If It’s Buy-In You Want: Forget the Shares-for-Rights Scheme
So this Government wants people to feel invested in the companies that they work for. To do this Osborne announced plans at Tory Party Conference that employees should have shares in their company, anything from £2,000 to £50,000. What does he ask for in return? Only that they give up a few more of their precious employment rights.
The plans, for anyone that missed them, are that in exchange for the shares, you will:
- Lose protection from unfair dismissal and redundancy
- Lose the right to request flexible working
- No longer be able to get time off for training
- Have to give 16 weeks’ notice rather than 8 if you are a mother returning from maternity leave.
And that’s on top of the changes to unfair dismissal and tribunals that have already been adopted on the recommendation of Beecroft.
It’s no surprise that a Tory Government would try to undermine employment rights wherever possible. The great con here though is the ‘bribe’ being offered; shares to encourage a sense of ownership, a morale boosting buy-in for the workforce. Most would agree that employee involvement in their workplaces is something that should be encouraged, and in the best workplaces this is achieved through consultation and negotiation between companies and unions. That is the point that Osborne appears to have missed, in many companies, and not just unionised ones, the stated aims of this proposal are already being achieved without requiring any loss of employment rights.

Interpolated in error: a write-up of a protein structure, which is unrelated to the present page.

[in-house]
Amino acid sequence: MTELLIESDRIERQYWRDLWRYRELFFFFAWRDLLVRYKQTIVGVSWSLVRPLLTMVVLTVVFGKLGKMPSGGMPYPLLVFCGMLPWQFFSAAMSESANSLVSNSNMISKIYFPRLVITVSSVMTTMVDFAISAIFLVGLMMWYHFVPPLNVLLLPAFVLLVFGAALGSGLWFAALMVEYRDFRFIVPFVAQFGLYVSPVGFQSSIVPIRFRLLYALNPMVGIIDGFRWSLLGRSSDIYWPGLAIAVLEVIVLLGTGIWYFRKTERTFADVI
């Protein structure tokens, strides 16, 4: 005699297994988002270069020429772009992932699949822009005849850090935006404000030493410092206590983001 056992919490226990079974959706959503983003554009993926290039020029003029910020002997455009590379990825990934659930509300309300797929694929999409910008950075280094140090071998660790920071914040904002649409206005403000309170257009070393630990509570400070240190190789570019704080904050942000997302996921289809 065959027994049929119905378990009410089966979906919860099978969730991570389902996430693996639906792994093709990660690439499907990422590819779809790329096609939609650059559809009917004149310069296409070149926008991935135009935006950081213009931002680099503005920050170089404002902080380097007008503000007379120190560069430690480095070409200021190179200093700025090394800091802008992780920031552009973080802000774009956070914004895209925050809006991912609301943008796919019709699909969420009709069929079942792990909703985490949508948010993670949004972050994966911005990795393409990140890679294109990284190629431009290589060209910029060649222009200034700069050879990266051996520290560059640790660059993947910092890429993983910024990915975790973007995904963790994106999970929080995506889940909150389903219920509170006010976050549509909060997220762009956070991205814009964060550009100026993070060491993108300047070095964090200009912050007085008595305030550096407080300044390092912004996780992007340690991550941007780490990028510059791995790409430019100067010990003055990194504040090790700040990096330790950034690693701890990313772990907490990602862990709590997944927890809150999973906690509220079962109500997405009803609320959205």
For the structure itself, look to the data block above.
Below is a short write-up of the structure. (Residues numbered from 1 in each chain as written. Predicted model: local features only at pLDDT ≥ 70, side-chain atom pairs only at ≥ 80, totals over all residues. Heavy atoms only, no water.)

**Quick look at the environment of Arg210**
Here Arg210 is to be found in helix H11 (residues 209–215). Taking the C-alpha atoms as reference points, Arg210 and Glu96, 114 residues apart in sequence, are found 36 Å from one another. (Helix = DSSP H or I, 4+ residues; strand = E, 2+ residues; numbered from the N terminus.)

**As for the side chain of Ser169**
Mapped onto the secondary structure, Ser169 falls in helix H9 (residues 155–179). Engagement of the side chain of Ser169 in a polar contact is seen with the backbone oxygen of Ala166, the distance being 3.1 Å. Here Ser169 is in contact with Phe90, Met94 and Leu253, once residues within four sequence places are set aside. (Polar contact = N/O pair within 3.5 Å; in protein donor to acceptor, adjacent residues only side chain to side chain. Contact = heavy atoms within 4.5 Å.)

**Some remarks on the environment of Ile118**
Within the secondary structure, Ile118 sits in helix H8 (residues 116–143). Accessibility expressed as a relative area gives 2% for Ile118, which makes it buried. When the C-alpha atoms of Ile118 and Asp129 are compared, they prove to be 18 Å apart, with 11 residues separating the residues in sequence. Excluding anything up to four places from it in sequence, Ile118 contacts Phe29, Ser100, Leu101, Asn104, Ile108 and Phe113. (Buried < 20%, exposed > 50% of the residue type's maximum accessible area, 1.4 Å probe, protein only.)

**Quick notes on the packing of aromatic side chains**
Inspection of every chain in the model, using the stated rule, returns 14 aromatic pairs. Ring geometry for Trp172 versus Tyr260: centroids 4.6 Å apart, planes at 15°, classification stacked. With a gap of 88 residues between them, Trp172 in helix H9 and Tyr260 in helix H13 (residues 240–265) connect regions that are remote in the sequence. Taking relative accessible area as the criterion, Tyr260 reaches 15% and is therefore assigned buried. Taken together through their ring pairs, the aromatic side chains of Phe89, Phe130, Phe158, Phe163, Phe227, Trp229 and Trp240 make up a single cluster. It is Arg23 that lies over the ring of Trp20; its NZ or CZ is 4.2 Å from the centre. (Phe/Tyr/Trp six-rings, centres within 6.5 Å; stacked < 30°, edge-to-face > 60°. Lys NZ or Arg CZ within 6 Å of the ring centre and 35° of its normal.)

If you want to reward employees for the success of their business, just look at the numerous shares schemes offered by companies as a form of savings and profit sharing.
If it’s motivational buy-in you want, look at the Partnership model that operates between Usdaw and Tesco. Lay reps and union officials have access to all briefings that managers see, sit down to discuss issues with management alongside their colleagues in store forums, and discuss the company’s policy at a national forum made up of senior management and reps from across the country.
Of course, if it’s actual ownership you want, they you just have to look at the co-operative model, giving true democratic ownership of companies to their employees.
Each of these models achieves the Chancellor’s stated aims of tying employees closer to their companies, motivating them and rewarding them for their companies’ success. However, what none of these models do is surrender employment rights.
Let’s not forget how valuable employment rights really are. While everything is going well, and your shares increase in value, you possibly might not notice your lack of rights. But what if your company gets into trouble, the value of your shares plummets and they start looking at redundancies? What if you join a company as a young person with no commitments and see the shares as an attractive option. Only later when you decide you might want to have a family does the right to request flexible working suddenly take on new importance, but by then it’s too late.
Osborne’s proposals are a thinly veiled attempt to further erode employment rights on ideological grounds. There is no logical connection between the two parts of the proposal. Being a well protected worker and being a motivated worker are not mutually exclusive. Any suggestion otherwise is simply another nasty and divisive ploy on the part of this Government.
Posted in: Blog Posts |Tagged with: shares for rights